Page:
George Washington, commander of revolutionary American forces, ends a squabble among the colonies as to under which flag the Americans will fight the British by recommending a new flag for ... See full summary »
Francis X. Bushman,
One of the most important images of the Czech New Wave 60s, which was ranked among the top ten domestic films of all time. Feature debut screenwriter and director Ivan Passer is currently ... See full summary »
Brothers Giancarlo and Ernesto Barandero have crossed illegally from Italy into France. Older Giancarlo is the practical protector, while younger Ernesto is the sensitive idealist albeit ... See full summary »
In London, a secret society led by lawyer Thaddeus Merrydew collects the assets of any of its deceased members and divides them among the remaining members. Society members start dropping ... See full summary »
Unable to find open range near Hollywood, western actor Tom Baxter and his troop head to Judy Blake's ranch to shoot their film. Tom soon learns her foreman has been rustling and poisoning ... See full summary »
Brillant pianist Larry Addams allows his frustrated ambitions to ruin his life and commits suicide, leaving his wife, Lee, and two small children, Penny and Chase, under the stigma of ... See full summary »
Robert Z. Leonard
Evil Mr.Grimes keeps a rag-tag bunch orphans on his farm deep in a swamp in the US South. He forces them to work in his garden and treats them like slaves. They are watched over by the eldest, Molly. A gang in league with Mr. Grimes kidnaps Doris, the beautiful little daughter of a rich man, and hides her out on Grimes' farm, awaiting ransom. When the police close in, and Mr. Grimes threatens to throw Doris into the bottomless mire, Molly must lead her little flock out through the alligator-infested swamp. Written by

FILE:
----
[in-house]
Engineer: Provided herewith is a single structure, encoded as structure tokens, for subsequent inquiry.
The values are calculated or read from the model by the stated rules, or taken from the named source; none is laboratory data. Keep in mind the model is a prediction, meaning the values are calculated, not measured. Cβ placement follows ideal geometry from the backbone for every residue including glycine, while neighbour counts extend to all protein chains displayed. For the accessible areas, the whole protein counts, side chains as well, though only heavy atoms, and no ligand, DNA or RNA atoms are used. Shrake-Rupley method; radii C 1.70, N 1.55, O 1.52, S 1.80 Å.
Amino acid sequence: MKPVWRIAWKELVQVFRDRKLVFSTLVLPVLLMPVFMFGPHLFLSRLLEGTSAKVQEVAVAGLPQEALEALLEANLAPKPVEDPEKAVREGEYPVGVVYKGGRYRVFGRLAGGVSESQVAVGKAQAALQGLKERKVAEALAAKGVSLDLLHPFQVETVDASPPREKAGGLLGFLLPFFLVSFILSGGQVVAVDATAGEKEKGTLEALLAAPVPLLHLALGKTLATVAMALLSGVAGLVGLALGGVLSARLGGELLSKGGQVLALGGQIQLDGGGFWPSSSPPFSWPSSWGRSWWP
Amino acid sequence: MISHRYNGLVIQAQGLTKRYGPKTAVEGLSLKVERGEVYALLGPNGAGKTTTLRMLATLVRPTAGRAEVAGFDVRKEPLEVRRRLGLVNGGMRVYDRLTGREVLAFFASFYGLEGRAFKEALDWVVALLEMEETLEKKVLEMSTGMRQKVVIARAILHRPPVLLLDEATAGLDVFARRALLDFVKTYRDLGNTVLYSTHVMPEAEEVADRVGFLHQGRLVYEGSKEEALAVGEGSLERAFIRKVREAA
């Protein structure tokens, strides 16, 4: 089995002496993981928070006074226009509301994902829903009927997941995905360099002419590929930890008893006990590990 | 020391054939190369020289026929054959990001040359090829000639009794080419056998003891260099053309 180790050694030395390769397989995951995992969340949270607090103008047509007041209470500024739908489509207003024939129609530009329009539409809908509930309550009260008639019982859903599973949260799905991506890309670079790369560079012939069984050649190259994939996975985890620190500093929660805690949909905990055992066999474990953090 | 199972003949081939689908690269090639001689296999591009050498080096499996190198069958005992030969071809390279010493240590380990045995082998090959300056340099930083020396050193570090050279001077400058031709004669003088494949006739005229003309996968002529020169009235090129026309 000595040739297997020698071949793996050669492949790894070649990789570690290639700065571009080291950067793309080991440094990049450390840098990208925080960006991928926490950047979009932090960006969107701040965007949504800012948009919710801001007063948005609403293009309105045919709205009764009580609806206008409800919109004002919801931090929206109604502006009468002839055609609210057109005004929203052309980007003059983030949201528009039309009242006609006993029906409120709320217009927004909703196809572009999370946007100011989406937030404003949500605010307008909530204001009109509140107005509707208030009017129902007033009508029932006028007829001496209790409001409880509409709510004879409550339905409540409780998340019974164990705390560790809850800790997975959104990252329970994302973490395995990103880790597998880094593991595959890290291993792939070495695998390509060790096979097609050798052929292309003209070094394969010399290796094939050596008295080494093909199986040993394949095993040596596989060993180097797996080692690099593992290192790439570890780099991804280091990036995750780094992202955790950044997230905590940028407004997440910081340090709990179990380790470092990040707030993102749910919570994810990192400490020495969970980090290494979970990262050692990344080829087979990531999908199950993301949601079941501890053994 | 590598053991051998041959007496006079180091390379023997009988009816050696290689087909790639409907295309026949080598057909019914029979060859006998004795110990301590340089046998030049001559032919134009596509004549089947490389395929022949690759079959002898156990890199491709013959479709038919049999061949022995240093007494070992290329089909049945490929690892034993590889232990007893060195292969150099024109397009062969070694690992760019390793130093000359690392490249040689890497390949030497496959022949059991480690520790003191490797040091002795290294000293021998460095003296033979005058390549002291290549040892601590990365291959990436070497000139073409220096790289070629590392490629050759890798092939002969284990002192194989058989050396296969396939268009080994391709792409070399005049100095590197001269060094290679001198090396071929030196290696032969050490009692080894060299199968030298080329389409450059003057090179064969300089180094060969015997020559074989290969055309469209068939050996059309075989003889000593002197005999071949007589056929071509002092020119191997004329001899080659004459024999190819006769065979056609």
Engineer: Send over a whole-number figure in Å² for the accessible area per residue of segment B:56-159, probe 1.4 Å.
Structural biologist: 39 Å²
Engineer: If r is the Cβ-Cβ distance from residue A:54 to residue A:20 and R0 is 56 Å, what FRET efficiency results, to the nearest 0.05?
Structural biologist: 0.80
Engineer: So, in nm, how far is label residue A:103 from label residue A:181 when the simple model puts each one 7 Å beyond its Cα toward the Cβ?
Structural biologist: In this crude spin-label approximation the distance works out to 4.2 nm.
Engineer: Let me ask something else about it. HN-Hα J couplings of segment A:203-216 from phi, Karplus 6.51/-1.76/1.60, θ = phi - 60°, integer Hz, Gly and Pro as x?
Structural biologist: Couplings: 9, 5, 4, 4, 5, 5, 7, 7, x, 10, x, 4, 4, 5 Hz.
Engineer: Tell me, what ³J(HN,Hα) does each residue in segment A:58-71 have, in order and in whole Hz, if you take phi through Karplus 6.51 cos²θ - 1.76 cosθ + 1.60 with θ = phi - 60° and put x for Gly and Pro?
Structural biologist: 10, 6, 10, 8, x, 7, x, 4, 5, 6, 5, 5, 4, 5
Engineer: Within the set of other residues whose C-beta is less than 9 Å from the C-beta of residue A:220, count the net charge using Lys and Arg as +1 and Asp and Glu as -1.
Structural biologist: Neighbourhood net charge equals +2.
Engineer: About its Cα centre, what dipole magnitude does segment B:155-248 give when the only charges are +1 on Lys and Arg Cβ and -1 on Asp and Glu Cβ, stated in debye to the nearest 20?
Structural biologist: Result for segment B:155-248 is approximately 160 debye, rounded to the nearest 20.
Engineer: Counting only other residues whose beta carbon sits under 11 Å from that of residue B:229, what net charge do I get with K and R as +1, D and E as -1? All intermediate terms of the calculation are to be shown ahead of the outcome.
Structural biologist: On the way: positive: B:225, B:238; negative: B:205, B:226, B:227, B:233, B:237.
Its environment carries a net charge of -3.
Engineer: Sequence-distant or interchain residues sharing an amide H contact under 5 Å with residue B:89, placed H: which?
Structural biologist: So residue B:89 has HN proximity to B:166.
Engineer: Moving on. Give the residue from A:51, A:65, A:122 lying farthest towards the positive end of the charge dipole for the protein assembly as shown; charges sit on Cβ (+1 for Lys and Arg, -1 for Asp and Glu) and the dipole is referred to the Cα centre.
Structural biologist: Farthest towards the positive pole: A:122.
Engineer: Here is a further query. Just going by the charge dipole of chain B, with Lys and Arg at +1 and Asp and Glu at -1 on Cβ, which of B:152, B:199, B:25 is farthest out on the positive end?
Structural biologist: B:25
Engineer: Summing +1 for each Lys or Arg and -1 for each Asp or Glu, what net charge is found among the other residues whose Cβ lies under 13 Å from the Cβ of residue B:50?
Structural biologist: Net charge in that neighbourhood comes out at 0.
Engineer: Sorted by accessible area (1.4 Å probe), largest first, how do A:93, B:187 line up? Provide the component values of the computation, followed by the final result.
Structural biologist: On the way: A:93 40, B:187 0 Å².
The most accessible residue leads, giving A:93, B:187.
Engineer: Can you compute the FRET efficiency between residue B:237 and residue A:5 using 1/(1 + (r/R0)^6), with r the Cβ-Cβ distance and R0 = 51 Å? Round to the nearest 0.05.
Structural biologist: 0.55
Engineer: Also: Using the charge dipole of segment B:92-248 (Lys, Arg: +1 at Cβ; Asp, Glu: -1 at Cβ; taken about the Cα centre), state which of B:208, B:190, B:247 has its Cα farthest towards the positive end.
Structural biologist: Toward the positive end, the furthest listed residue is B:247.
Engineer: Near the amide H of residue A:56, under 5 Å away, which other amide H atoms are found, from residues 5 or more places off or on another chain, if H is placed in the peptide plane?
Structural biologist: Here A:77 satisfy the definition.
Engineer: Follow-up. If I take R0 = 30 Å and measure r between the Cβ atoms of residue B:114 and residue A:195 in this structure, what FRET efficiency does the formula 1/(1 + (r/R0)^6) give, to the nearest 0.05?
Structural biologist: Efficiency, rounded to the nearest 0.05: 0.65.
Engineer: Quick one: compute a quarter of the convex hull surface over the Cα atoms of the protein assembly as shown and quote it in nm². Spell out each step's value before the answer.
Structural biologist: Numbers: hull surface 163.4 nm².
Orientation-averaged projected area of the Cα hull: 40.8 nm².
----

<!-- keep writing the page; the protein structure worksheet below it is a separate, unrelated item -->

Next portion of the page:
John Oswalt <email@example.com>
Although William Beaudine received critical acclaim both inside and outside the film industry for his direction of this film, for many years a story circulated that star Mary Pickford felt that he was too cavalier about the safety of the actors, especially in a scene where she had to carry a baby across some water filled with alligators (Pickford wanted to use a doll, but Beaudine insisted on using a real baby), and even though the alligators' jaws were bound shut, Pickford swore that he would never work for her or her company as long as she lived. However, cameraman Hal Mohr, who shot this picture, said in an interview that the "alligator incident" never happened. He said that there "wasn't an alligator within ten miles" of Pickford, and that both the alligators and the baby in the film were all dummies because the studio would never have let a star of Pickford's magnitude endanger herself by working with real alligators, let alone allow a baby to go near them. In any case, Beaudine and Pickford did clash on the picture. Beaudine eventually walked off the set and turned the direction over to his assistant, and he and Pickford never worked together again. See more »
Before sound and talkies became the norm in the film industry, we had to settle with black and white cinematography and an original score to understand the story. Mary Pickford was a brilliant actress and one of the first true movie stars who made the transformation from the silent films to the talkies. This film should be considered one of the true classic silent films of all time. Mary Pickford was one of Hollywood's earliest stars and it was a time when the film industry appeared innocent and so new. Everything surprised audiences with delight and films were scene over and over until they knew it by heart. It's a shame that today's films forget the brilliance of simplicity and work on shocking us or losing the role of actors and actresses. Great films don't have to be spectacular spectacles. They could tell simple stories with great acting and writing and you have a great film.
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